Your remarks about the nature of heroism reminded me of a novel by Patrick White (he won the Nobel prize for literature in 1971) called ‘Riders in the Chariot.’ I don’t know if you are familiar with it Auntie? It has four main characters, all of whom might be identified as ugly in the view of the world. One is a deranged heiress; the second is a coarse-looking washerwoman; another is a professorial Jew, and the last is a syphilitic aborigine. They are: Mary Hare, Mrs Godbold, Professor Himmelfarb, and Alf Dubbo. The remarkable thing about them though is that they all exemplify the virtues of goodness, kindness, and compassion. They are riders in the chariot of God, otherwise known as the Zaddikim. It was one of those books that can change a human life and I have always kept it, albeit getting more and more battered – and caked with dust – with every passing year. I would take it to a desert island because I would never tire of the mortifying acts of casual cruelty described and these characters’ efforts to offset them. Perhaps I, too, was a child not set in a popular mould – made ugly by shyness – and who now aspires to reach out a hand to very ill people who lie in their hospital beds. People who need me.

On the nursing front, by the way, learning methods have taken a downhill turn owing to the introduction of ‘study modules’ on the library computer.  In my opinion, remote learning has an alienating effect on the learner for, once you have completed one set of multiple choice questions, the page vanishes forever from the tangible world into a digital realm from whence it is unlikely to reappear.  All such increases in technology seem to correlate, I feel, with a loss of humanity.  I really feel quite depressed by it Auntie; nursing care on hospital wards has similarly vanished down the computer toilet in this way.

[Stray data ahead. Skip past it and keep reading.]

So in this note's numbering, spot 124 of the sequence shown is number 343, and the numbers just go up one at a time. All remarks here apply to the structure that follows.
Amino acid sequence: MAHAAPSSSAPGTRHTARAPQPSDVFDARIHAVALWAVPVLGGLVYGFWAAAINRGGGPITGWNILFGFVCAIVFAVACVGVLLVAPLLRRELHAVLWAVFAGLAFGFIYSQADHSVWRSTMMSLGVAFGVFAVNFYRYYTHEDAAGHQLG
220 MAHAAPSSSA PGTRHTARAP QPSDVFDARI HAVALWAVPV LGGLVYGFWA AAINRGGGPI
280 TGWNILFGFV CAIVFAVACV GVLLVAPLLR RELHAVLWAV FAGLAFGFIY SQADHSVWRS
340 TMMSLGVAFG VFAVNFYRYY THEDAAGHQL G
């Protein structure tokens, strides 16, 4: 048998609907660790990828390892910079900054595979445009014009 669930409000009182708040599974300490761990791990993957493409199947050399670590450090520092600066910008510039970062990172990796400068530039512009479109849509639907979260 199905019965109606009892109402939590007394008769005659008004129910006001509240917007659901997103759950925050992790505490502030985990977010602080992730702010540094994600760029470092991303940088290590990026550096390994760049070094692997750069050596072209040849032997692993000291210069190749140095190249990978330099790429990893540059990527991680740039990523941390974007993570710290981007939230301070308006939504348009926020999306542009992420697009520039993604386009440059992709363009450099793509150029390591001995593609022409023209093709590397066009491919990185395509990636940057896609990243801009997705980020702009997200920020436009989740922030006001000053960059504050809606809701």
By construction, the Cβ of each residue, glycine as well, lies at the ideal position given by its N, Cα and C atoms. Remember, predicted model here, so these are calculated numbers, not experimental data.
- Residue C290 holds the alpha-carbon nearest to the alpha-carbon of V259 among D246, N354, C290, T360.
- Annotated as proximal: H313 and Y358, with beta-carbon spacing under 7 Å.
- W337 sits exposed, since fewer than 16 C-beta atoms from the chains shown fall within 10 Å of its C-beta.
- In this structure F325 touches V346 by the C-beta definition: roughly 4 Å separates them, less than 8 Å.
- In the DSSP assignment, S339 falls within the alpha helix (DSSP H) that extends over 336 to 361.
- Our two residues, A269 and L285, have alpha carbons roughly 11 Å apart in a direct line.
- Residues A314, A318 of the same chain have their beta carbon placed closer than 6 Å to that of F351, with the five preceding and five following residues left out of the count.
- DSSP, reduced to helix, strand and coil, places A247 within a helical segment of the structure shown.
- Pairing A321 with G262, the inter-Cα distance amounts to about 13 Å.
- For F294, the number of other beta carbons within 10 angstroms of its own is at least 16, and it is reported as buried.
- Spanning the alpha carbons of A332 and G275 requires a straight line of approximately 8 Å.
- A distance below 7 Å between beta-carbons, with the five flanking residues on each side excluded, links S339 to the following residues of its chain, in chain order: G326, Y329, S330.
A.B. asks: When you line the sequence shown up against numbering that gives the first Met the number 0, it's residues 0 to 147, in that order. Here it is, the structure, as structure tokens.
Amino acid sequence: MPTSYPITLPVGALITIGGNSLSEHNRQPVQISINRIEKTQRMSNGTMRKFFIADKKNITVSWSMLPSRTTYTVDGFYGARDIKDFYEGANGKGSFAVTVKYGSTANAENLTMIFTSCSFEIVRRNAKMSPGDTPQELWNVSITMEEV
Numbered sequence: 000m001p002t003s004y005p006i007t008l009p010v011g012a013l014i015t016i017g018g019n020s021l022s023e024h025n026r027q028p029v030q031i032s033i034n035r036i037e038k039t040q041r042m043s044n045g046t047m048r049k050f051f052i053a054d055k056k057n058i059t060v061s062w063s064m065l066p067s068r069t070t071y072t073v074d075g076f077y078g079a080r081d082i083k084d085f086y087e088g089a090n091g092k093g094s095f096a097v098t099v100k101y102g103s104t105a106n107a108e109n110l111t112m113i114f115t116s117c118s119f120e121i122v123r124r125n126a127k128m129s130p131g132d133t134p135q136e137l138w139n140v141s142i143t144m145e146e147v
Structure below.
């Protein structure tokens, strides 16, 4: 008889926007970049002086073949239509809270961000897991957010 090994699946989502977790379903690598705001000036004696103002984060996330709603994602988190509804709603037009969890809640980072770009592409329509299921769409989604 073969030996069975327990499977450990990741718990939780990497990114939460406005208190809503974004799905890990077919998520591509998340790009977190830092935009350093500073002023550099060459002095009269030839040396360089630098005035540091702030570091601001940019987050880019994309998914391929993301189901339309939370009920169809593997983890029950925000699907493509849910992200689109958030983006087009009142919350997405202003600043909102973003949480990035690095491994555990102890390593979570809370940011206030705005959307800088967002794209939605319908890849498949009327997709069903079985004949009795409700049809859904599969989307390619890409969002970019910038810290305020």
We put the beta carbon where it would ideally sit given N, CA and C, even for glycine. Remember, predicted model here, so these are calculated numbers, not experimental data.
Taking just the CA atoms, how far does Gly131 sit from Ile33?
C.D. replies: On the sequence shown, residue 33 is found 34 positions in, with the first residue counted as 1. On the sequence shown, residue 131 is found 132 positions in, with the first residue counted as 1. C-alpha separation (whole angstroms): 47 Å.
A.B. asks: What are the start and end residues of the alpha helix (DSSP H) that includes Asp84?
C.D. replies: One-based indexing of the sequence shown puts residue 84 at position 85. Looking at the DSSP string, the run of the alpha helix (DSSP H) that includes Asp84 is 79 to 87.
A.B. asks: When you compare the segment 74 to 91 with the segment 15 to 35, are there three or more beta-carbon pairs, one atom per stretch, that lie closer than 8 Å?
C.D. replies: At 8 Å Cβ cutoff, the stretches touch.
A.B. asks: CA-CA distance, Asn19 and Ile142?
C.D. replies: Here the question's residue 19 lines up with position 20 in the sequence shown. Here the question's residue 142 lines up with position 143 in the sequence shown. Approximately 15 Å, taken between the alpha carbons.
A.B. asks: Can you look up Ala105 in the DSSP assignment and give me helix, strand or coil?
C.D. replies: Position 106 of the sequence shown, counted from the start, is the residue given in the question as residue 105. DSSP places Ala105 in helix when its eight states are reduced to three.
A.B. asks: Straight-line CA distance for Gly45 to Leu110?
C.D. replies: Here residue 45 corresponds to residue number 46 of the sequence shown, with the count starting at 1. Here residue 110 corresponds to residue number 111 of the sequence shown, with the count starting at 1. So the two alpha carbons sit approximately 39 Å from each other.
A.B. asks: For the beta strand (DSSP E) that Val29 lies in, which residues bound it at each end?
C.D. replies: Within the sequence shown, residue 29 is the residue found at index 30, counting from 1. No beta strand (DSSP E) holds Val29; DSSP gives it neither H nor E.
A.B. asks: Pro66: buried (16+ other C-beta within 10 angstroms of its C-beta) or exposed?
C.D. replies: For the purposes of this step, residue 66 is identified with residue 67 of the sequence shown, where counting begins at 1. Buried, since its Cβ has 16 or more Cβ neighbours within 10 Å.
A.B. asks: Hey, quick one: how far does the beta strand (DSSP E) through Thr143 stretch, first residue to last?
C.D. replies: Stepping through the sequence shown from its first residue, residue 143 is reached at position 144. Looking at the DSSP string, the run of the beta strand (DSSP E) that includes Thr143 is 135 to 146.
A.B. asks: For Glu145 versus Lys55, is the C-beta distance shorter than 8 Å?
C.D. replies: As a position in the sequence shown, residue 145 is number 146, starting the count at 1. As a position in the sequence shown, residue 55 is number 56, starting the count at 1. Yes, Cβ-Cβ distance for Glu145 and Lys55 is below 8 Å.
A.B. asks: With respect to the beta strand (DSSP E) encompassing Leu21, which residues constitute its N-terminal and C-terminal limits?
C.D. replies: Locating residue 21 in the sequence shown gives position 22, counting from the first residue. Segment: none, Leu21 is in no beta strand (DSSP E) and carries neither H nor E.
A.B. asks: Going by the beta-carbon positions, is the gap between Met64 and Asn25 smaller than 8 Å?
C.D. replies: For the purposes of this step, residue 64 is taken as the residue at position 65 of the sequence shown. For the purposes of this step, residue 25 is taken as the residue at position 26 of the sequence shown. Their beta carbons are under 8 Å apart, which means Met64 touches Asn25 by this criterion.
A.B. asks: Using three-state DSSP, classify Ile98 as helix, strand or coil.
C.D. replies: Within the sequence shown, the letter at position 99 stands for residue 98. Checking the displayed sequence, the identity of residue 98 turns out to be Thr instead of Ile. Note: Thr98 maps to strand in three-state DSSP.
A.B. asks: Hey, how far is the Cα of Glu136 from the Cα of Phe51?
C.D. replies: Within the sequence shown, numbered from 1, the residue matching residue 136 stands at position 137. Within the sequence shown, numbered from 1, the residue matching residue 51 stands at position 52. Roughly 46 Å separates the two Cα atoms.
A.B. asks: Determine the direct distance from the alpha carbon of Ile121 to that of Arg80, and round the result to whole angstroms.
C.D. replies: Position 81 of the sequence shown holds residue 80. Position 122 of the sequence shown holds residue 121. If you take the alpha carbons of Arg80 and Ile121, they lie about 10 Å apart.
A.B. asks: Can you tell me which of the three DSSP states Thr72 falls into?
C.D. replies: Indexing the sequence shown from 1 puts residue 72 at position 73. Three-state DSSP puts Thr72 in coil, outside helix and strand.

Your loving nephew

Ralph

The nature of heroism . . . (episode 89)

image by 'gameanna' http://freedigitalphotos.net

image by ‘gameanna’
http://freedigitalphotos.net

3A Hyde Park Terrace
LONDON W2 5PH

June 5 2000

Hello Mum

Thank you for your telephone call last night informing me of the radiological report on your wrist X-ray. A stress fracture of the distal ulna does, at least, sound less serious than a fracture of the distal radius. No wonder you were in such agony when changing gear in the Banger 0.9L Mk II! I was also interested to hear your remarks about the significance of the type of fall you sustained.

I remember slipping on the ice while out skiing in Val d’Isere with Austen one year. Of course, as my feet flew forwards, I fell backwards, putting my hand out to save me – and that is how I broke my own wrist. But, as you say, you fell sideways – describing what sounds like a parabola – from a standing position up on a chair. And that is how you probably landed on the ulnar side of the wrist. Why don’t they ask you these questions in a structured way when you turn up in A&E. Anyway. What happens now? Can you escape a plaster cast?

I myself have been cogitating over the nine Jesse Stone novels penned by the American writer, Robert Brown Parker. There is something terribly profound – and moving – about the characters of men (and women) who act to uphold the best interests of others, often at terrible risk to the quality of their own lives. We seem to see these acts of heroism – enacted over and over again – in the behaviour of fictional criminal detectives. But there must be people in real life who, every day, nerve themselves to act against a prevailing system, and in defence of the perceived best interests of another. How can they bear it? How can they bear the disapproval of – and indeed the invocation of punitive actions from – the system?

I also read that Robert Brown Parker had a particular penchant for dogs and so that must be how Reggie the red setter ended up featuring in the Jesse Stone novels. I think he must have had a special interest in heroism, as he has a PhD from Boston university whose subject is ‘The Violent Hero.’

I can’t quite describe the pain I feel when I read about the compassion and courage shown by such a man as Jesse Stone, in the interests of justice.

All love Mum

Harriet